Picture a gathering of students at the campus recreation center swimming pool bearing witness to ten changed lives that God himself entered into. To me, this constitutes a beautiful picture.
Almost two weeks ago I was able to witness friends within my community be baptized and share their story of God’s intervention in their lives. I was impacted by both parts of the evening to say the least. Ten people were baptized that Sunday night. Let me be honest with you, I think that in my past I have often noticed the excitement from Christians when it came to the event of baptism, and thus conformed to those emotions without wondering why. I know, shameful, right? Maybe some of you can relate? Or maybe I am alone in this. Either way, I own such ignorance, but God has not left me there thankfully. I think that God has shed light on the beauty of baptism, and its symbolism for what has happened and what is to come. Baptism signals the coming kingdom as much as it reflects the the death, burial, and resurrection of Christ.
There is a book I am currently trudging my way through called “Church History in Plain Language” (sounds riveting I know) by Bruce Shelley. In it, Shelley speaks of first century Christianity and in doing so speaks briefly on the topic of baptism. He says:
“It (baptism) marked entrance into a spiritual kingdom already proclaimed, though still to be revealed in its fullness. These first Christians came to believe that the death, burial, and resurrection of Jesus, followed by the coming of Spirit at Pentecost, were divine events. They inaugurated a new age and people could enter life in that spiritual kingdom by faith in Jesus as Lord and witness to that faith by baptism.”
I love this quote because it not only lends solid perspective to the topic of baptism but it does so via first century Christianity. Notice that Shelley clearly defines baptism as a witness to faith in Christ. In the baptisms at h2o church held two weeks ago, the ten men and women testified to their faith in Christ. A public declaration of this faith! They claimed Gods redeeming work in their lives and their experience of God that had brought them to that rec center pool.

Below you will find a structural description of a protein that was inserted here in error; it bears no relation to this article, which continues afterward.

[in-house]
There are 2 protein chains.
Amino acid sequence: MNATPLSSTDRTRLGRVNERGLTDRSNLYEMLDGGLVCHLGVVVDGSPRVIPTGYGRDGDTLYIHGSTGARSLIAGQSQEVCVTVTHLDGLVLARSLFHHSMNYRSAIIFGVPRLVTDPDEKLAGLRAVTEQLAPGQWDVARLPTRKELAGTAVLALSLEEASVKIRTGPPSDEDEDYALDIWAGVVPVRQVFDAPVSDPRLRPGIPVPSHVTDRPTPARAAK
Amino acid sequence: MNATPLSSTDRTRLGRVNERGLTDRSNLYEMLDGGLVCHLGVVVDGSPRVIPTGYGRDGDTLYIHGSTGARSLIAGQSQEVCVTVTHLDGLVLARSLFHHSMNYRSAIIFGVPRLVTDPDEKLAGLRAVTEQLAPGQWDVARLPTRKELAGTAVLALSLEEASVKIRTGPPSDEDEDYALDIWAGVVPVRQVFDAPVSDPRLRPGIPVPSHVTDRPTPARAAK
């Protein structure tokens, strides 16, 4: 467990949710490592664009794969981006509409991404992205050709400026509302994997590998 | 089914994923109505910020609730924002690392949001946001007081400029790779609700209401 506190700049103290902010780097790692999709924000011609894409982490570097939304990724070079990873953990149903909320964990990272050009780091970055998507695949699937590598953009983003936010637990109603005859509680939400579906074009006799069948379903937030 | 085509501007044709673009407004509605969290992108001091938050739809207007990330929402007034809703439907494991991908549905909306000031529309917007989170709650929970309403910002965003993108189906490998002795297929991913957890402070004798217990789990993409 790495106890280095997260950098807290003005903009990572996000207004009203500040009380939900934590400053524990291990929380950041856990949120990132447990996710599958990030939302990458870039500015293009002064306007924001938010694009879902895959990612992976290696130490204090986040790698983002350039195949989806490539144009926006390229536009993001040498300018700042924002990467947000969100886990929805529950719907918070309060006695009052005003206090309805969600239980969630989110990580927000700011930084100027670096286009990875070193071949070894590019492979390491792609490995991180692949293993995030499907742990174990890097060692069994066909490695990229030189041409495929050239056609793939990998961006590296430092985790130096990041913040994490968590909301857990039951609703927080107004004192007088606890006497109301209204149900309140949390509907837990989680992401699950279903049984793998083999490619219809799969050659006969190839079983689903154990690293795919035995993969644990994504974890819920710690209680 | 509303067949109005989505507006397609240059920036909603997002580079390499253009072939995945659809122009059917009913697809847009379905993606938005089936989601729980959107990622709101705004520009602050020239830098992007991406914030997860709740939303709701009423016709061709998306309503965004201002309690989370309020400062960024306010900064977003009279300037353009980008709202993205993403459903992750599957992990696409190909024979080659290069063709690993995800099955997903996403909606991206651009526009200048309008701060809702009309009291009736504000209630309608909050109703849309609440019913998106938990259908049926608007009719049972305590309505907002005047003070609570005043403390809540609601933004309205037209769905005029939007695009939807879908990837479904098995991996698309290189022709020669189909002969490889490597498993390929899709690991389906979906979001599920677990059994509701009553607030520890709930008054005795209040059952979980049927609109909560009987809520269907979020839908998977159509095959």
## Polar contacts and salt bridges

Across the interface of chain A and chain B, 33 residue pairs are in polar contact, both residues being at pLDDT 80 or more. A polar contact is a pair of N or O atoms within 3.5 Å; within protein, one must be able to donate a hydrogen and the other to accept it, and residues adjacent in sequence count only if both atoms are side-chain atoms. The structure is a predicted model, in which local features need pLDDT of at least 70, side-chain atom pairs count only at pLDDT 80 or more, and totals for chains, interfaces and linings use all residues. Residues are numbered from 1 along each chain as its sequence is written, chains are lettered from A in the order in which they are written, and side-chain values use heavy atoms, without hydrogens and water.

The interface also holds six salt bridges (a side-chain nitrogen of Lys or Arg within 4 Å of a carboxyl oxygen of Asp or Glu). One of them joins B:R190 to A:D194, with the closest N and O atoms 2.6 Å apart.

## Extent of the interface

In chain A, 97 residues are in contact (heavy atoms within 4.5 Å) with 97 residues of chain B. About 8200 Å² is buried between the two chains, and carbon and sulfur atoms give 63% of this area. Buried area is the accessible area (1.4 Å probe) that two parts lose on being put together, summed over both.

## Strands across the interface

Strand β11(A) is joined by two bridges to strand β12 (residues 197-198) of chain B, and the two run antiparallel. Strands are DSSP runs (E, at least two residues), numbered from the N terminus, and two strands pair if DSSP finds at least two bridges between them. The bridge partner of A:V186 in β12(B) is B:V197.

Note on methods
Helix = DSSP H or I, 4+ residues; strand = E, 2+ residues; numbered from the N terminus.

The stories that I heard that night humbled me. After hearing them, I was reminded of one of my favorite parts about baptism. These stories reminded me of the reality of the exchanged life. To add to Shelley, I think that faith in Christ often means more for us as believers than we realize. Romans six explains the death and life that we experience when we pur put faith into Christ. A death to sin and a life hidden (Col. 3:3) with Christ. Christ has taken all sin, and all offense towards God on Himself, and gives us his life, undeservingly. He gives us favor with God, and he willingly takes the crushing wrath of God. In baptism we witness this death to life swap, and it is without question something to rejoice over.
Baptism points to Christs’ first coming as much as it does to the second coming of Christ. As Shelley states, “baptism marks entrance into a spiritual kingdom” that we have not yet experienced in full. We have only witnessed the kingdom of God in part here on earth. The mysterious thing about baptism is that it marks changed life here on earth but it also points to the fullness of the kingdom that is to come. Baptism then in this light is like a signpost that symbolizes something that has happened, but we have yet to experience what it points to in full. Baptism doesn’t get us any closer to this end, but it does proclaim to a community of believers one’s transformation, commitment, and love for the one true God.
What baptism stands for and points to is a beautiful and mysterious thing all at the same time.